Hidden Potential: How to set up your renovation project for success

There is a certain romance associated with turning a derelict building in to a dream project which appeals to a lot of people. Consequently, we’re often asked to look at buildings in a poor state of repair, or even in ruins.

It’s amazing how enthusiastic clients can be when considering what, to other people, might look like a pile of rubble. It takes great foresight to see the potential in projects like this.  

But exactly how do you turn that tumble down pile of bricks in the woods into a forest hideaway? Should you take the risk and buy that old water tower and convert it into your dream home? How do you make the decision to turn that ruined chapel into a truly special business opportunity?

How do you know whether it will work, and whether it will be worth the investment? What does a successful project look like?

A successful project is one in which the vision for the project is compatible with the value that it creates.

Vision refers to the ‘big idea’ for the intended use and design of the existing building. The quality of this vision needs to be scrutinised; is the use right for the location? Is the building readily repairable, convertible or extendable to suit the use? Will the resulting development be appropriate, appealing, stunning?

Value refers to the benefits. How much will the property be worth on completion? What other benefits are there in bringing the building back in to use? Do these benefits overcome the cost of realising the project?

Not surprisingly, a successful project exists when the vision results in something of positive value (not always necessarily monetary). But what can be done to limit your risks and give you the confidence to press ahead?

From potential to ‘wow!’ in 8 steps:

1.    Work with an architect with experience of similar projects. Someone who can use their knowledge to help you answer the questions above and guide you through the process.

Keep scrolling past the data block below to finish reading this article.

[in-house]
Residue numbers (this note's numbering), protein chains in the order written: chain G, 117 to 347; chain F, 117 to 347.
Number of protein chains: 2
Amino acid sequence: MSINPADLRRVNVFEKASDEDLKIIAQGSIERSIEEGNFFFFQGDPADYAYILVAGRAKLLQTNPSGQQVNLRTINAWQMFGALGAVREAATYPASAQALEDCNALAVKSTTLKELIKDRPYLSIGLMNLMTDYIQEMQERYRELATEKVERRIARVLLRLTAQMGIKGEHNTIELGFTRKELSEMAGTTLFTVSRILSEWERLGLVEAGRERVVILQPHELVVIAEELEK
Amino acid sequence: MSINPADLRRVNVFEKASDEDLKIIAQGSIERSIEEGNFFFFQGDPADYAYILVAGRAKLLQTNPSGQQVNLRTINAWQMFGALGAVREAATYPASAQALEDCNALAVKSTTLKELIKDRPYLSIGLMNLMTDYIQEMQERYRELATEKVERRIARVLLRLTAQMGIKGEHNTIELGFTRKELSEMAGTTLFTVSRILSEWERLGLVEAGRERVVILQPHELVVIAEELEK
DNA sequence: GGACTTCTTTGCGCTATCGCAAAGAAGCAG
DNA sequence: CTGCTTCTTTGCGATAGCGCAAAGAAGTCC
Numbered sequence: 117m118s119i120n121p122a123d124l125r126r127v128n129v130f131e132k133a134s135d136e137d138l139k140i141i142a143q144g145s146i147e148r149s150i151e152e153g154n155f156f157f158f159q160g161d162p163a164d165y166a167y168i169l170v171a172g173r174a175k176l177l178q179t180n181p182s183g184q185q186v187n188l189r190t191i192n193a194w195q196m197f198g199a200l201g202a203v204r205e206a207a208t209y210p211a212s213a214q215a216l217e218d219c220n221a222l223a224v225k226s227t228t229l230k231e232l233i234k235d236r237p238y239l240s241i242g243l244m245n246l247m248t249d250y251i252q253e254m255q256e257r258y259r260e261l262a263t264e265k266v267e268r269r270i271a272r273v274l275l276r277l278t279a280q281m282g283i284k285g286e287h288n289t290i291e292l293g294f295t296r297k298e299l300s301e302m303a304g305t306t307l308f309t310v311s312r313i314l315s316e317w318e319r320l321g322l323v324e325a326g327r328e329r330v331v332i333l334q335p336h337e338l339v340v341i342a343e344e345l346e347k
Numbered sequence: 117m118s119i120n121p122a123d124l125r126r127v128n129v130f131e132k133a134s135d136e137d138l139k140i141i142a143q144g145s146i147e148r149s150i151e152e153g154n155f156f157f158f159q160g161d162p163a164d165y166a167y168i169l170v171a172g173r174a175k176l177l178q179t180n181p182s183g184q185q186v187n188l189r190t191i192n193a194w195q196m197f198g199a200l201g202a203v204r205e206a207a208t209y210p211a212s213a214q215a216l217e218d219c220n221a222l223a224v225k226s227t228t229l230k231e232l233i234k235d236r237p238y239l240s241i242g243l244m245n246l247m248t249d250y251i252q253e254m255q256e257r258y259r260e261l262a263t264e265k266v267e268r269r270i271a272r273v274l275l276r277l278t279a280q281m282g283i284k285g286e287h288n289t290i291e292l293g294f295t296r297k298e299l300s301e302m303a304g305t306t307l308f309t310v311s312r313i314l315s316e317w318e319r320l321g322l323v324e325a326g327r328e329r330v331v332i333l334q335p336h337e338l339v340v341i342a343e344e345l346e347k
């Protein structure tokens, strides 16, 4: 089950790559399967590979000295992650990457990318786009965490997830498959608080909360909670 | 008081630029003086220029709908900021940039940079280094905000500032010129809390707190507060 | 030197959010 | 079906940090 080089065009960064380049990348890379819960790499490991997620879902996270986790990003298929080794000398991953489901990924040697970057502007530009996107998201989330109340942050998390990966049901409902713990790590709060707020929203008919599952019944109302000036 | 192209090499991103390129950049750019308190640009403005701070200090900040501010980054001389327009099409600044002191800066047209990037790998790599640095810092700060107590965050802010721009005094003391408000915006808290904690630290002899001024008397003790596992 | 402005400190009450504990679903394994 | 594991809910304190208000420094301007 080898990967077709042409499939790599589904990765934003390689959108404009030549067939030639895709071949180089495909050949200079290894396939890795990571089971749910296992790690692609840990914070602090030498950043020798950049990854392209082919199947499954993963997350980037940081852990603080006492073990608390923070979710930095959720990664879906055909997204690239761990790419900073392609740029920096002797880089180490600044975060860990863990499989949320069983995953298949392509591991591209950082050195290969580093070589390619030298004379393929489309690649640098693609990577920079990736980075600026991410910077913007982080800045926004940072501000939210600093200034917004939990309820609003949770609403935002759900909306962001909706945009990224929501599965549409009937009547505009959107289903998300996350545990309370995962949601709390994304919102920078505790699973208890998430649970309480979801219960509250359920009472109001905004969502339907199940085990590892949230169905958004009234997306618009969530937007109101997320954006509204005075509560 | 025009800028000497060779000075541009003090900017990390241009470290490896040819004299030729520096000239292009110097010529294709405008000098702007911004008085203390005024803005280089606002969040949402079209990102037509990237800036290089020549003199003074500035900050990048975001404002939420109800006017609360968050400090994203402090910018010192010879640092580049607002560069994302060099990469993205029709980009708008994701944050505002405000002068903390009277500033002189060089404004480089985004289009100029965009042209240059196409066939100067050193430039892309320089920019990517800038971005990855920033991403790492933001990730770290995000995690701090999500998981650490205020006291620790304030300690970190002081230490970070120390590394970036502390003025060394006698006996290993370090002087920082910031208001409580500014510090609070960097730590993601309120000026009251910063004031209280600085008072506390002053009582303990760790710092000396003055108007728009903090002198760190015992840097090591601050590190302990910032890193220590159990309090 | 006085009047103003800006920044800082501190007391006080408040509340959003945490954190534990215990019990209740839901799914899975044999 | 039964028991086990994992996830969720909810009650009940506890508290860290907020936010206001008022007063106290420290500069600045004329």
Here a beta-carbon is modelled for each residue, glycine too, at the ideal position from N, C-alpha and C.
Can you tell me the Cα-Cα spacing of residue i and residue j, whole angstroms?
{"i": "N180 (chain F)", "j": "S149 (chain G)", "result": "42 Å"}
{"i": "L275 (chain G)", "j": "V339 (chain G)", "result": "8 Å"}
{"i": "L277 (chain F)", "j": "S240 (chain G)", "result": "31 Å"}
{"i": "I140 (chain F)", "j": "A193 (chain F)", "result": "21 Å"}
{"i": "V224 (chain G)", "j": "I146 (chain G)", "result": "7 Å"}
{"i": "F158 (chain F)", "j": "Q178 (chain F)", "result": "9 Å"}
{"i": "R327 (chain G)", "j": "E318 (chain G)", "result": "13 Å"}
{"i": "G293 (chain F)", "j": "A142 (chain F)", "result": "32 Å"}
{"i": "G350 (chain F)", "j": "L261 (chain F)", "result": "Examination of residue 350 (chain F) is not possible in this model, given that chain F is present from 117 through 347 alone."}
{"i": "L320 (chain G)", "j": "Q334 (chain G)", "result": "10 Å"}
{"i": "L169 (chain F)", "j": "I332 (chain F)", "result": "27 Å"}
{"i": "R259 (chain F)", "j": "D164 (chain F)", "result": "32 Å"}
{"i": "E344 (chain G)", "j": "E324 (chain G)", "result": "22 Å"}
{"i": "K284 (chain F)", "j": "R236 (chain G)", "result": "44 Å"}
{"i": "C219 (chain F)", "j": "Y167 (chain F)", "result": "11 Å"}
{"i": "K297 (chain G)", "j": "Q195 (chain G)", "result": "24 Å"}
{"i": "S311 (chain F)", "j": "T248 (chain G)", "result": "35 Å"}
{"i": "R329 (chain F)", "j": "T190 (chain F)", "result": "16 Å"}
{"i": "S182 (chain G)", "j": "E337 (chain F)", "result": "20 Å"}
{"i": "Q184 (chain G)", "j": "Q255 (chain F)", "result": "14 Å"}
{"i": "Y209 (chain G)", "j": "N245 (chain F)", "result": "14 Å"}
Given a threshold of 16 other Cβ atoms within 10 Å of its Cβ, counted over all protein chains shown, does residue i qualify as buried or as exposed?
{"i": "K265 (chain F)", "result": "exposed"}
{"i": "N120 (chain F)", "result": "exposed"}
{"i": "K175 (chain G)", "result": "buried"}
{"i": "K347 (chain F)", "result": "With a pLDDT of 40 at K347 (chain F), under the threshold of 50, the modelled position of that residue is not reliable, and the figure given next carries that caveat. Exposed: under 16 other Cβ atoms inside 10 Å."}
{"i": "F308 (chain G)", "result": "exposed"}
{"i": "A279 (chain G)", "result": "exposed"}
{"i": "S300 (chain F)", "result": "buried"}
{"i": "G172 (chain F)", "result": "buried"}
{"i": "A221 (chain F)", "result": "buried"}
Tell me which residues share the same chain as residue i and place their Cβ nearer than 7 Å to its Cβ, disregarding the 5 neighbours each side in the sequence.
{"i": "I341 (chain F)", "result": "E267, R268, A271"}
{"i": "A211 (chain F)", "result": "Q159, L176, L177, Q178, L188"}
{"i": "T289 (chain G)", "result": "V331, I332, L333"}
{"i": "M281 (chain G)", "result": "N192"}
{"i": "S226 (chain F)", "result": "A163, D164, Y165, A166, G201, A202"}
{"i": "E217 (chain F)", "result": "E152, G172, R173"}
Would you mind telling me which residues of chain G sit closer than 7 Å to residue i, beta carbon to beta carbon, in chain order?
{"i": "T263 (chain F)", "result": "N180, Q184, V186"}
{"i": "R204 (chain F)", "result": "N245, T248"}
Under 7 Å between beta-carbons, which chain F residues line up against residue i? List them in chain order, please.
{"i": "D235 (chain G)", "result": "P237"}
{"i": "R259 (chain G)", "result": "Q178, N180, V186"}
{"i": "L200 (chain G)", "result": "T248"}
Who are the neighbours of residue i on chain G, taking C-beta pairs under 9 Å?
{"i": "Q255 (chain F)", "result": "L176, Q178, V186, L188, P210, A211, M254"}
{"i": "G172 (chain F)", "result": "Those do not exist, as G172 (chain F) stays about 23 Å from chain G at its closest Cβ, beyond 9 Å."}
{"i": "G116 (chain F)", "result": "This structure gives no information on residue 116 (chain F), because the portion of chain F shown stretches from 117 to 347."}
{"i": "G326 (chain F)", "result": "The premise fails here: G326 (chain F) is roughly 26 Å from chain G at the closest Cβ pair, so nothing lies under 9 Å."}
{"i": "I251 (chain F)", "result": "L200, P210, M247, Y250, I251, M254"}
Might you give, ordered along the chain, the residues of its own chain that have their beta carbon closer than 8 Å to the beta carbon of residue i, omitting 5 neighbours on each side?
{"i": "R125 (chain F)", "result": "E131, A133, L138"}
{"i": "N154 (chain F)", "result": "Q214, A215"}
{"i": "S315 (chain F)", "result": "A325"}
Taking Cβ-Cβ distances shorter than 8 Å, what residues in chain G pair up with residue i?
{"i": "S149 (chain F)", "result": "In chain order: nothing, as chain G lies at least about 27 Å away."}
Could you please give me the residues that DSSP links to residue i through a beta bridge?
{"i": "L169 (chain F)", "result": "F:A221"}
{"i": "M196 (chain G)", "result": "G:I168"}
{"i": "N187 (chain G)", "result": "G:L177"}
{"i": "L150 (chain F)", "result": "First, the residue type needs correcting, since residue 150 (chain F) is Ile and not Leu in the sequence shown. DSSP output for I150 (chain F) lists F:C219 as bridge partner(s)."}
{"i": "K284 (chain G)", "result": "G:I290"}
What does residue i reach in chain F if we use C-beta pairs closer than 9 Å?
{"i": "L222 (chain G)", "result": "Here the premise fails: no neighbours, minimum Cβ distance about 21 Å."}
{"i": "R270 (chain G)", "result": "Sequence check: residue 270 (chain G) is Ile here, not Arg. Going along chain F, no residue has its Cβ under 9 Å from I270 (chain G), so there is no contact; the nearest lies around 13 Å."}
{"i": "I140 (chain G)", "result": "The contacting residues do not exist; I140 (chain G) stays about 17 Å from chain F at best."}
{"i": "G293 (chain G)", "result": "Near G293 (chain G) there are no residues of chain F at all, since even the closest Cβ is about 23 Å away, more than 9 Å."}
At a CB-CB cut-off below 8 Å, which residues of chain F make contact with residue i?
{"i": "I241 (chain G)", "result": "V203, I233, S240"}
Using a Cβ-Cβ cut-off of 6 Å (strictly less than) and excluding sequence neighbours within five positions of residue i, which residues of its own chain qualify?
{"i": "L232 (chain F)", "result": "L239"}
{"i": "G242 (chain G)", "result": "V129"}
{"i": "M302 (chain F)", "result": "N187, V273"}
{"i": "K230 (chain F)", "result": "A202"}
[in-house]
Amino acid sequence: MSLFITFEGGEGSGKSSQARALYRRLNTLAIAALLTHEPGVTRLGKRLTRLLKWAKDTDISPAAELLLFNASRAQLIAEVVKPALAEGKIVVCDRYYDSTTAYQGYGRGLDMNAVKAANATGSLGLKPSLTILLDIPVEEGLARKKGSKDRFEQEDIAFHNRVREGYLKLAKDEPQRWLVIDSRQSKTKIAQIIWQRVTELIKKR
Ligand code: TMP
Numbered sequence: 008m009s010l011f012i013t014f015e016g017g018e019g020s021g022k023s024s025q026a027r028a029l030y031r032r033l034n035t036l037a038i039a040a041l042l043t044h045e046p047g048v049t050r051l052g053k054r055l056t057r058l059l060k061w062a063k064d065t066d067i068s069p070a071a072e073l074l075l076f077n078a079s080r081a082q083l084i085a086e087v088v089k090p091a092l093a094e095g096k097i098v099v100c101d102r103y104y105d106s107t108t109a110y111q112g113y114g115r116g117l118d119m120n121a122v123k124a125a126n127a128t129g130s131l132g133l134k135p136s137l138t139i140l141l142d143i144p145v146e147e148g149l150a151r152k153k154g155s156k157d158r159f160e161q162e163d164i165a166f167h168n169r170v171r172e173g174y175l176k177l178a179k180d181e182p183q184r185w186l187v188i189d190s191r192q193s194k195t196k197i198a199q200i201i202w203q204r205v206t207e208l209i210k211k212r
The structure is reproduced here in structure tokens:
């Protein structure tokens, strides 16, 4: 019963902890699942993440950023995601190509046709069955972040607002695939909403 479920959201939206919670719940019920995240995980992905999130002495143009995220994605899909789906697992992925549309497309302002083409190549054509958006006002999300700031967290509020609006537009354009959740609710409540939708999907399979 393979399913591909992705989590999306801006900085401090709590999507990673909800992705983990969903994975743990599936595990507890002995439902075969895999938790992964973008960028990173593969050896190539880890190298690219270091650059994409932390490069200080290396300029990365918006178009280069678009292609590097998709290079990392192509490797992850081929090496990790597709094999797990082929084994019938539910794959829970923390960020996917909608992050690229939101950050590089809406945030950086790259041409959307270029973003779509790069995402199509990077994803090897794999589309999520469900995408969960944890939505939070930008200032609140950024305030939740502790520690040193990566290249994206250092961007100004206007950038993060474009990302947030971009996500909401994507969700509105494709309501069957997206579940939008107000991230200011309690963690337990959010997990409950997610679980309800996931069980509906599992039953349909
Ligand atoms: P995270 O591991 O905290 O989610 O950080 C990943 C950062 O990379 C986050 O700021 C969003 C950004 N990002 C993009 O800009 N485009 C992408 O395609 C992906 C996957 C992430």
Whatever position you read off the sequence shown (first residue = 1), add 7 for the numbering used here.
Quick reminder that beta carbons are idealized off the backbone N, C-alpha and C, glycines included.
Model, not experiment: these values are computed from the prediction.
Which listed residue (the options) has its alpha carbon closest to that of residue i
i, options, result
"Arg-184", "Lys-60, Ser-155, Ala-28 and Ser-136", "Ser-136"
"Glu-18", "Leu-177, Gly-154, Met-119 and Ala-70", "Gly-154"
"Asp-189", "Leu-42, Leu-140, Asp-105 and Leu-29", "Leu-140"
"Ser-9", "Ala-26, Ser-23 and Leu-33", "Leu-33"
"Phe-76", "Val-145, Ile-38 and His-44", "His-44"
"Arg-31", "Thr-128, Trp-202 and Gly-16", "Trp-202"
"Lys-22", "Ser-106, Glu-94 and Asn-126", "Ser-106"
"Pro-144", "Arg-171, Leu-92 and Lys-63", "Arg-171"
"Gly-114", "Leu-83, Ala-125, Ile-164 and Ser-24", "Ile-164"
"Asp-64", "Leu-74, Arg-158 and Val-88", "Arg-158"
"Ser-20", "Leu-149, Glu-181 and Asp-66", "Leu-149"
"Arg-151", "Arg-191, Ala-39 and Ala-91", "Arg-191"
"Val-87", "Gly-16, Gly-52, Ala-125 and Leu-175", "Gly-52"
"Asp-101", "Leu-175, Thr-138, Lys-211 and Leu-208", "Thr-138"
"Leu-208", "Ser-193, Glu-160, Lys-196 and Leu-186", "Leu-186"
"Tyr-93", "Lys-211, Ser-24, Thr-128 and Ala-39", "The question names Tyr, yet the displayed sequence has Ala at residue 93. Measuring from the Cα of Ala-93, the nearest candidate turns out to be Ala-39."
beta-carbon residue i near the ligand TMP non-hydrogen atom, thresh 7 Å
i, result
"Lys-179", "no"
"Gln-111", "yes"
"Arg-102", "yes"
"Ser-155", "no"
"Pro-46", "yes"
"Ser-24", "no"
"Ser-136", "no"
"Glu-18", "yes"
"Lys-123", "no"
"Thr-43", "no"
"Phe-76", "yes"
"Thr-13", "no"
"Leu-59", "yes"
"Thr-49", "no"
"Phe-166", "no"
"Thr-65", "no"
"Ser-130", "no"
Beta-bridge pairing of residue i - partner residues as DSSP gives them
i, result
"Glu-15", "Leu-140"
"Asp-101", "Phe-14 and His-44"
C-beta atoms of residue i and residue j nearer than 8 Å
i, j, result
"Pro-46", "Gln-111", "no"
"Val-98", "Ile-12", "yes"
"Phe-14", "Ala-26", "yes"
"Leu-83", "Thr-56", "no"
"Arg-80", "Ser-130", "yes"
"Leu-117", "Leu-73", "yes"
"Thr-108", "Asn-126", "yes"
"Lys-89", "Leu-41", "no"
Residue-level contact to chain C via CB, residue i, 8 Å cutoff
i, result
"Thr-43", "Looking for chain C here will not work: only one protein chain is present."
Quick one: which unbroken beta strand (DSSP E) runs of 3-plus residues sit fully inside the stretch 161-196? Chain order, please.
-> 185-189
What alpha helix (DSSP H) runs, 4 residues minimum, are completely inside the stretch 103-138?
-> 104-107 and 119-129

2.    Develop your vision in to a set of drawn ‘sketch’ proposals. Allow this to be ‘rough and ready’ so that it can be done quickly and help keep up the momentum. Illustrating the overall idea early on will reap benefits when seeking advice from other people and it will also help develop your own thinking.

3.    Create a ‘risk schedule’ for the project. Work with your architect to think through all of the potential issues that may need to be overcome such as planning, conservation, highways, structure, ecology, trees, contamination, neighbours etc.

4.    Establish whether any of these risks can be addressed quickly and cheaply. If so, do the work now and improve your understanding. Make ‘best case’ and ‘worst case’ assessments of the remainder.

5.    Seek advice regarding project costs. Renovation projects are notoriously difficult to price but a combination of reasonable assumptions and reference to costs from similar projects should result in a ‘ballpark' estimate. Don’t forget to allow for contingencies.

6.    Seek advice regarding the resulting financial value of your project. Again this is an approximate art. Allow for variation in the ‘end value’ due to changes in market conditions over time.

7.    Understand the other, non-financial, benefits of the project. It’s easy to focus on the monetary value but it’s also important to remember that value can be added in many other ways.

8.    Be flexible. You should be prepared to amend your proposals in order to make the vision/value equation work.

In our experience, this kind of project suits a certain type of person and requires a particular kind of approach. You need imagination to have the vision in the first place and you need great tenacity in order to see it through. But you also need to be flexible when the project demands a change of direction and pragmatic when it comes to resolving problems.

Projects of this nature can be daunting but they can be incredibly rewarding too. Getting a handle on the likely challenges and opportunities early on is key to setting up your renovation project for success.

This article was written by Andy Foster for the July 2017 edition of The Sherborne Times.